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The Sales Training ROI Question: How do you achieve ROI on your sales training investment?

The Sales Training ROI question is a common one. How do you achieve ROI on your sales training investments – especially when there is inconsistency, minimal adoption, and missing connection to value drivers? To address these challenges, an exhaustive search was conducted to determine what drives implementation and adoption. Results showed that 150 companies had “deeply embedded sales training into the DNA of their organization,” with a ratio of end-user to sales training consultants being about 2-1. The top three drivers of implementation and adoption are changing the conversation from training and methodology to strategy execution and ROI.

Senior executives know that, beyond mergers and acquisitions, a company’s growth is driven one deal at a time through the effective sales and negotiations of their direct and indirect salespeople.

That’s why American corporations spend $7.2 billion (1) every year on sales processes, account management skills, negotiation, and opportunity management training. That’s an average of $347,000 per company, according to Selling Power. But beyond proprietary (and perhaps biased) consulting reports and high-level academic papers on change, there’s little information available on whether those that invest money are achieving a return on their investment that’s at least equal to—if not better than—their cost of capital.


When we started researching the ROI challenge, we found others were asking the same question. What follows begins to paint the picture…

  • Inconsistent usage: “…more than half of firms report investing $1500 to $7500 annually per sales rep in training…only a quarter of reps consistently use their company’s accepted methodology more than half the time, only 10% resolutely (greater than 90% of the time).” (2)
  • Minimal Adoption: “Eighty-seven percent of training is lost within one month.” (3)
  • Missing connection to value drivers: “Financial and human resources are precious and constrained assets. We frequently see companies with a slew of goals that have no clear connection to real value drivers and that diffuse or dilute those assets. Organizations use up valuable resources with only modest connection to the highest impact execution priorities.” (4)

In many companies, the sales team is last in line with respect to the adoption and institutionalization of not only effective measurement mechanisms but the basic processes as well. Standards and methods are employed by every other department within a company. Manufacturing has Just-in-time, Lean and the Toyota Production Systems (TPS), Finance has GAAP, and the list goes on. Sales has a lot of catching up to do to be depended upon as a critical enabler of corporate growth strategies.”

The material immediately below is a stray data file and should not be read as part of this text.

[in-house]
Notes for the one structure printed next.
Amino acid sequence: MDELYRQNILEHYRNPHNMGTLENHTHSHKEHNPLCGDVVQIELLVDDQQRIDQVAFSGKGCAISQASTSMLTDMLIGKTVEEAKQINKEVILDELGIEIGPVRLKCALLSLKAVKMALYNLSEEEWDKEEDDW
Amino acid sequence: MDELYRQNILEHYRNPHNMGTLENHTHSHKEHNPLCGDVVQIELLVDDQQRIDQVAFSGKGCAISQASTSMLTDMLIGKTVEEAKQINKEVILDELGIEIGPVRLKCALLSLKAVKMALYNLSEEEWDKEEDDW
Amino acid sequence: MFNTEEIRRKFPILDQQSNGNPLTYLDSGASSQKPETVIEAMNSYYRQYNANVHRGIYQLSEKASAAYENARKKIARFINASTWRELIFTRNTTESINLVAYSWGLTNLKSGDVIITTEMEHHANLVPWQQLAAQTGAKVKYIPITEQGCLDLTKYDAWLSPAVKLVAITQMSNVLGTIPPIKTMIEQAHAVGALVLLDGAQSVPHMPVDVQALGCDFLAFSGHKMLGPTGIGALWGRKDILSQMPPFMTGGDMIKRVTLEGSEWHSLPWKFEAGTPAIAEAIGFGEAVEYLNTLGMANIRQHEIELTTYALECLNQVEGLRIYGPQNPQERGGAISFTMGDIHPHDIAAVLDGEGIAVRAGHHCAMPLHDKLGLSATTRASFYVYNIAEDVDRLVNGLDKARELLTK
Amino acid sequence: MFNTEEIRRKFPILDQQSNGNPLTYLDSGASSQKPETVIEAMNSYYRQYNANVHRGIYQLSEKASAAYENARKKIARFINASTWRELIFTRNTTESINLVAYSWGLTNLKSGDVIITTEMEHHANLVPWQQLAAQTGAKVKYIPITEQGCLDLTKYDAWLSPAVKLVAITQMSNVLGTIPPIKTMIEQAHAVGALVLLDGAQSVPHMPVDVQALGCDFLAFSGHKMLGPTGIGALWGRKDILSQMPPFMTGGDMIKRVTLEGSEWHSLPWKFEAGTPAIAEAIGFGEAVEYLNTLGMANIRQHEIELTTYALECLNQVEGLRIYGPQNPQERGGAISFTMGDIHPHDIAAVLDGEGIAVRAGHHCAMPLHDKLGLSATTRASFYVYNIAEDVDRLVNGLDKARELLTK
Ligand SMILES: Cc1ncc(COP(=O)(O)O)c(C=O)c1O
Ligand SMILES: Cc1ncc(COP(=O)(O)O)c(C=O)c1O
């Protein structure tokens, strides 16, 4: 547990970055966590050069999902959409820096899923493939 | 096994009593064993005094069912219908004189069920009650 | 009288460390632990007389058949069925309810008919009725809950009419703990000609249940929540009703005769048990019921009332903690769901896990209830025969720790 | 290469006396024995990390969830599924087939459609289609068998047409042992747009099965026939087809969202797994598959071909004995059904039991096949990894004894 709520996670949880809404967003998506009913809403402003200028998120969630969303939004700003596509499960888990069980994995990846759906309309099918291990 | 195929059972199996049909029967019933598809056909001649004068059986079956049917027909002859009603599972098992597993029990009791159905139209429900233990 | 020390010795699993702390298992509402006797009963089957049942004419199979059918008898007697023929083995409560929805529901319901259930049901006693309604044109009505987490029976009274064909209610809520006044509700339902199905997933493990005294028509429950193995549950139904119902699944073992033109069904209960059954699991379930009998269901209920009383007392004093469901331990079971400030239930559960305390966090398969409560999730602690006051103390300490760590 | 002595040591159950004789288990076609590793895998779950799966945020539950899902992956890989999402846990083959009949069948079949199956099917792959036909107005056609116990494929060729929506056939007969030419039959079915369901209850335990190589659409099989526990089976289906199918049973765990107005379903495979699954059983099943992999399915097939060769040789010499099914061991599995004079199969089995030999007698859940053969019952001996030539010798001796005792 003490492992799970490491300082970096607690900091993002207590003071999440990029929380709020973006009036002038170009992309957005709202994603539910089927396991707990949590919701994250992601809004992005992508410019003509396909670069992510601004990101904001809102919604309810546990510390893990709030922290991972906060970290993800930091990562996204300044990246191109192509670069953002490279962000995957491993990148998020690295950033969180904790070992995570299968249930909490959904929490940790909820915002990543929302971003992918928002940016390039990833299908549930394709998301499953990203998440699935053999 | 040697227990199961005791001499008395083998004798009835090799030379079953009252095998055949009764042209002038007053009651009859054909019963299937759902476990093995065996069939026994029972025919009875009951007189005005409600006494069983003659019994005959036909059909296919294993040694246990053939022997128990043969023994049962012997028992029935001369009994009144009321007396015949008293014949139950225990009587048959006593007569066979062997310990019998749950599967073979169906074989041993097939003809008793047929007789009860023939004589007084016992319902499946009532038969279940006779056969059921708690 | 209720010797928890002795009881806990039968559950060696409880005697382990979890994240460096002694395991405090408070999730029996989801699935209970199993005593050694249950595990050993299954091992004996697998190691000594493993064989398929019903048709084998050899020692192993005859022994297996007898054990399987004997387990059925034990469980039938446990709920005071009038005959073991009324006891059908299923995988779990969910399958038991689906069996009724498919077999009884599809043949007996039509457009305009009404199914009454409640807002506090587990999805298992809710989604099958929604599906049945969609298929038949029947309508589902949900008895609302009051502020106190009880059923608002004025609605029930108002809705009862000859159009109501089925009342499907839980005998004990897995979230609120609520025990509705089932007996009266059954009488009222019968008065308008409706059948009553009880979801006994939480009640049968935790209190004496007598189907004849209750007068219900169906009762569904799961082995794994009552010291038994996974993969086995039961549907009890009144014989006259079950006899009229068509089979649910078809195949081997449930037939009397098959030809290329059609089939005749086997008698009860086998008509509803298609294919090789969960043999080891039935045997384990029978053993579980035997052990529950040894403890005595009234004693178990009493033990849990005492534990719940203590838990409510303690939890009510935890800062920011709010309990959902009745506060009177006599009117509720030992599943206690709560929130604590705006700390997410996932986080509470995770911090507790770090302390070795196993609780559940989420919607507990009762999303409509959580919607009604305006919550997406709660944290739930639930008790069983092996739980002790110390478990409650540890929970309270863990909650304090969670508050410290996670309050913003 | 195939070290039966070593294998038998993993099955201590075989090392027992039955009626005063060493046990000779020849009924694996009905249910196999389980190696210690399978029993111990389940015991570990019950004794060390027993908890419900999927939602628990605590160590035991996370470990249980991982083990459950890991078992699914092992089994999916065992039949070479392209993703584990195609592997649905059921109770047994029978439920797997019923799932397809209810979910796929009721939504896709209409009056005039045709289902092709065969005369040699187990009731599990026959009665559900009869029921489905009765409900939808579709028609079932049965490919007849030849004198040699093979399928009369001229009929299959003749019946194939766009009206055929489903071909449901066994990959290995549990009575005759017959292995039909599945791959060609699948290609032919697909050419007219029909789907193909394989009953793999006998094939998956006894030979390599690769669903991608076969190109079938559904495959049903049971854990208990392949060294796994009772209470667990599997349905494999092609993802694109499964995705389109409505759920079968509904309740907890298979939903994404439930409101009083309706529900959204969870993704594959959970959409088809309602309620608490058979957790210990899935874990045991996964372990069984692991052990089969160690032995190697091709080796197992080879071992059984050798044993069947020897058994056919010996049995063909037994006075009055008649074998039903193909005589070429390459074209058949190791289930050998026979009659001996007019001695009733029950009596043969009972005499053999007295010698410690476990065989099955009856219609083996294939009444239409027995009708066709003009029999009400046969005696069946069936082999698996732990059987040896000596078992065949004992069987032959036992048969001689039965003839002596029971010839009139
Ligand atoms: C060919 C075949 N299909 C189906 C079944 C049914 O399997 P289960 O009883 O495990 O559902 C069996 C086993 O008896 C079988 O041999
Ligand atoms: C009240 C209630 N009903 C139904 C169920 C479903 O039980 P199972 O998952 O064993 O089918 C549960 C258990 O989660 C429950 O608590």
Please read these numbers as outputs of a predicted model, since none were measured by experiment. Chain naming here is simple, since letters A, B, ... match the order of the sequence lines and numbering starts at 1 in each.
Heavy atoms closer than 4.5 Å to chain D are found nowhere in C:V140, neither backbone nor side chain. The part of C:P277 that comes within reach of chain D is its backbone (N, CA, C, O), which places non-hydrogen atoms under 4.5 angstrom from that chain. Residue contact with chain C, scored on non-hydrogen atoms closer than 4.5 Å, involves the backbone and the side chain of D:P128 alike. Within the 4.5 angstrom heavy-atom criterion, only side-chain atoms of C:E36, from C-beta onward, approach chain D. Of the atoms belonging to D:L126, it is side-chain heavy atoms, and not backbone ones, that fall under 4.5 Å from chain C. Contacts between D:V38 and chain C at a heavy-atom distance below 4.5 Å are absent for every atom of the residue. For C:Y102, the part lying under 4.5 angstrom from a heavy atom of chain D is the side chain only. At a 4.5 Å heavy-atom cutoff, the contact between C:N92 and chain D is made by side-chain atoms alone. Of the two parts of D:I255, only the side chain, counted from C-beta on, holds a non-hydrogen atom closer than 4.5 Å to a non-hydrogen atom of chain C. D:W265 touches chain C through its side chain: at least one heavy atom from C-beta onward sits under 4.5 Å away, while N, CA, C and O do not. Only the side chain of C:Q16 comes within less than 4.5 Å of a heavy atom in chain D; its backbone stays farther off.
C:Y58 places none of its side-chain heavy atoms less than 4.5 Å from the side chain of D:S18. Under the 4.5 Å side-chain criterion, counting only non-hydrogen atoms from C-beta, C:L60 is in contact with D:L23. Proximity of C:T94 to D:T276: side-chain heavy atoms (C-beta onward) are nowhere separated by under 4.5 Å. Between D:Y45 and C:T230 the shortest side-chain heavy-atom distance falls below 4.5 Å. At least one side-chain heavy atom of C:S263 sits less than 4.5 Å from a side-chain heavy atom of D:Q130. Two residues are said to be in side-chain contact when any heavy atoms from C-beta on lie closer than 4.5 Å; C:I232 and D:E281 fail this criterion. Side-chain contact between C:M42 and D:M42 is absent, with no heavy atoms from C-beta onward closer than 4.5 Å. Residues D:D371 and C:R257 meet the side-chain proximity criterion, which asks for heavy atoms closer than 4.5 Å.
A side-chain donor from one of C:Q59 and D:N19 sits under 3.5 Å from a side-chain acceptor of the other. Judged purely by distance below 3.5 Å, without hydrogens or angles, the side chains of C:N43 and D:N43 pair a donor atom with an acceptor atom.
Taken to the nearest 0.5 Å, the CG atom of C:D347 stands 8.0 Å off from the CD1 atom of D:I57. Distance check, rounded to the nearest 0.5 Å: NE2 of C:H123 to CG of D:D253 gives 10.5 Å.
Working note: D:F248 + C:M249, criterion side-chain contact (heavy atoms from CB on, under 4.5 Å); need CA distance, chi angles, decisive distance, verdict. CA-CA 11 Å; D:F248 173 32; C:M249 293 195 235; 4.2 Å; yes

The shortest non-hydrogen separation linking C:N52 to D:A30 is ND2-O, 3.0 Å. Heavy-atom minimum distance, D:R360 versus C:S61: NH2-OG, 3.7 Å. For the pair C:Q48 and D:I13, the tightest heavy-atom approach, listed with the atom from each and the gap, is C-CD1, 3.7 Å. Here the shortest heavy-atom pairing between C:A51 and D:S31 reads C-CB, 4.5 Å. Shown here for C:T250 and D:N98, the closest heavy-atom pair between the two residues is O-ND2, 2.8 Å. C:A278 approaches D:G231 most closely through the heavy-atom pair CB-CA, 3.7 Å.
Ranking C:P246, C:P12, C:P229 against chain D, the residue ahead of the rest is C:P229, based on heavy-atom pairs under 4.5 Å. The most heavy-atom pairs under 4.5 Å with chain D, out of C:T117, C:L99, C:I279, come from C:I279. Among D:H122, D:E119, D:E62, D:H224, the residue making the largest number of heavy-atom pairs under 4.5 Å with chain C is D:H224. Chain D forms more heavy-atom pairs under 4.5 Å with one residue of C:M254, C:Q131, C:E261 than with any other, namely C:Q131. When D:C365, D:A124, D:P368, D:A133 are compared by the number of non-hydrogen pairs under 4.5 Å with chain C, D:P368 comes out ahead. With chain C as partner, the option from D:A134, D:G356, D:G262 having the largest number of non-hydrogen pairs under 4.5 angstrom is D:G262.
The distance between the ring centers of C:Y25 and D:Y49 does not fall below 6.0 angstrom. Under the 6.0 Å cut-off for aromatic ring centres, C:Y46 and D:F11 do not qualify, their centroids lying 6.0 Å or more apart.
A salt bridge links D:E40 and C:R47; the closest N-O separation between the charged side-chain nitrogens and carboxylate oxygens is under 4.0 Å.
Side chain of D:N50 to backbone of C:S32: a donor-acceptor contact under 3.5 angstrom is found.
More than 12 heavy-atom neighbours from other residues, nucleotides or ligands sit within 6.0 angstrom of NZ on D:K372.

We are aware there are many levers management pulls to execute a multi-pronged corporate growth strategy. If benchmarking is one of those levers, then…

  • Sales training, because of its potential use as a growth engine, must be thought about— and measured—differently than other types of training.
  • All sales training is not created equal, and given the demands on managers and salespeople, only those training initiatives that can be directly tied to a corporate growth strategy should be chosen for complete implementation.
  • Finally, because neither aggregating sales stories nor measuring lagging indicators alone provide meaningful data, key leading and lagging indicators must be agreed upon before, and measured after, the implementation of the initiative in order to determine both its success as an enabler of corporate growth and its real ROI.

If you want to dive into CloseStrong’s proven approach to deal negotiation and sales training ROI, read Brian’s book B2B Street Fighting. You can get a free copy of Brian’s book when you register for a demo of CloseStrong – the hardest-working, smartest deal and negotiation coach you’ve ever experienced. CloseStrong will help you multiply the effectiveness of your sales management team, deliver higher-quality deals, reduce discounts, improve pipeline quality, and increase forecast accuracy.

(1) Journal of Personal Selling
(2) CSO Insights “Sales 2.0 Whitepaper”
(3) Sales Executive Council of the Corporate Executive Board
(4) Axiom Consulting Partners, Winning Axiom #2

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